Product truth: postmodern epistemology
I have excerpted the following from an article in The Guardian today that concerns a scandal in a meat factory where, apparently, Lidl’s returns ended up as Tesco “exclusive” Willow Farm products.
Willow Farm is one of seven so called “farm” brands launched by Tesco last year to stop customers defecting to cheaper rivals Aldi and Lidl. The use of fake British-sounding farm names, such as Woodside, Willow and Boswell was controversial from the outset with the National Farmers’ Union pointing to the abundance of real farms in Britain.
Tesco have advertised this brand as “reared exclusively for Tesco”. When the repackaged products emerged during a Guardian investigation, lawyers for the meat factory quickly found some hairs to split and announced that “The Willow Farms brand is exclusive to Tesco, but the raw material is not”. Nothing to see here then.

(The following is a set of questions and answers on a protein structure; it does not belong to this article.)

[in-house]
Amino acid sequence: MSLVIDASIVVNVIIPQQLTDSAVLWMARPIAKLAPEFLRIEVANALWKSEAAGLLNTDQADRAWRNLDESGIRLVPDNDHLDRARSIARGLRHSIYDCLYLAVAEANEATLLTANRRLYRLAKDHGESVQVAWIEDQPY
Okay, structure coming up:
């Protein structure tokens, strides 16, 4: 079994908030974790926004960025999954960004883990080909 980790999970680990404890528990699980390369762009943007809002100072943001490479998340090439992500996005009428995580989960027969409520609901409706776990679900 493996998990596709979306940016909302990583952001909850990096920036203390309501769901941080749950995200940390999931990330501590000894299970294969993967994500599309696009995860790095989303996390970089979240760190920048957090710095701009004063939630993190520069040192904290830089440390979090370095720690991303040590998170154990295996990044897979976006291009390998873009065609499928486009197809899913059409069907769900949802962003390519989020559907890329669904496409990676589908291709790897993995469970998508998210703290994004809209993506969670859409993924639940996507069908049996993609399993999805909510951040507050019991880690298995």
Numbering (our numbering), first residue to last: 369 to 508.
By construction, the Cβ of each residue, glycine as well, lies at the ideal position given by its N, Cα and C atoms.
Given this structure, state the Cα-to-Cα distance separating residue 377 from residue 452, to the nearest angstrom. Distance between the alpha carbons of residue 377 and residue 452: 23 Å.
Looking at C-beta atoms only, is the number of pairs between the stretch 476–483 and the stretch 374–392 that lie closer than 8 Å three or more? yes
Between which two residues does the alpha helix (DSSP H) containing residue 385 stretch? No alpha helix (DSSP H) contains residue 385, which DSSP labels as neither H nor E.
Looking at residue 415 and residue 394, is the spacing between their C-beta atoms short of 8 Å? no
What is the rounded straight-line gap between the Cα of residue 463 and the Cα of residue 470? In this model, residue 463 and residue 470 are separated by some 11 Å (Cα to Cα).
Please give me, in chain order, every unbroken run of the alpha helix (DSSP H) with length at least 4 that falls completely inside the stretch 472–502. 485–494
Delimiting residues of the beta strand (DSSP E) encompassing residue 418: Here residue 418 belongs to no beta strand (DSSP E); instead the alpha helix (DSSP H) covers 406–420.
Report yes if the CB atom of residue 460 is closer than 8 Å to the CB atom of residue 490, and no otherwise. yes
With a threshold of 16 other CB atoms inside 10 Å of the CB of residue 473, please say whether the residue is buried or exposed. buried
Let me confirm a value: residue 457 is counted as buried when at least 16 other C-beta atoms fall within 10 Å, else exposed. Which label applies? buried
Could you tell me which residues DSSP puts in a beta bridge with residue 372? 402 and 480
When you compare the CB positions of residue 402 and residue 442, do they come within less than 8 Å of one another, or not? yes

What about the brand itself, which uses a fictitious farm to hint at things that Tesco cannot actually say (because that would constitute lying)?
The Tesco boss, Dave Lewis, a marketer who spent most of his career at consumer brands giant Unilever, has always defended the no-frills farm brands which span meat, poultry and other produce, and have been a big hit with shoppers…
Last year Lewis insisted that customers were “savvy” about how marketing worked. He added: “Do they come from farms? Yes. Can one farm satisfy all the demand from Tesco? No. The product truth is absolutely right.”
Ah, the product truth! I think we can regard that as a fluffy free-floating concept that neatly avoids meaning much at all; a kind of epistemological cheeky chappie preparing to do a three-card trick.
We live in fictional times.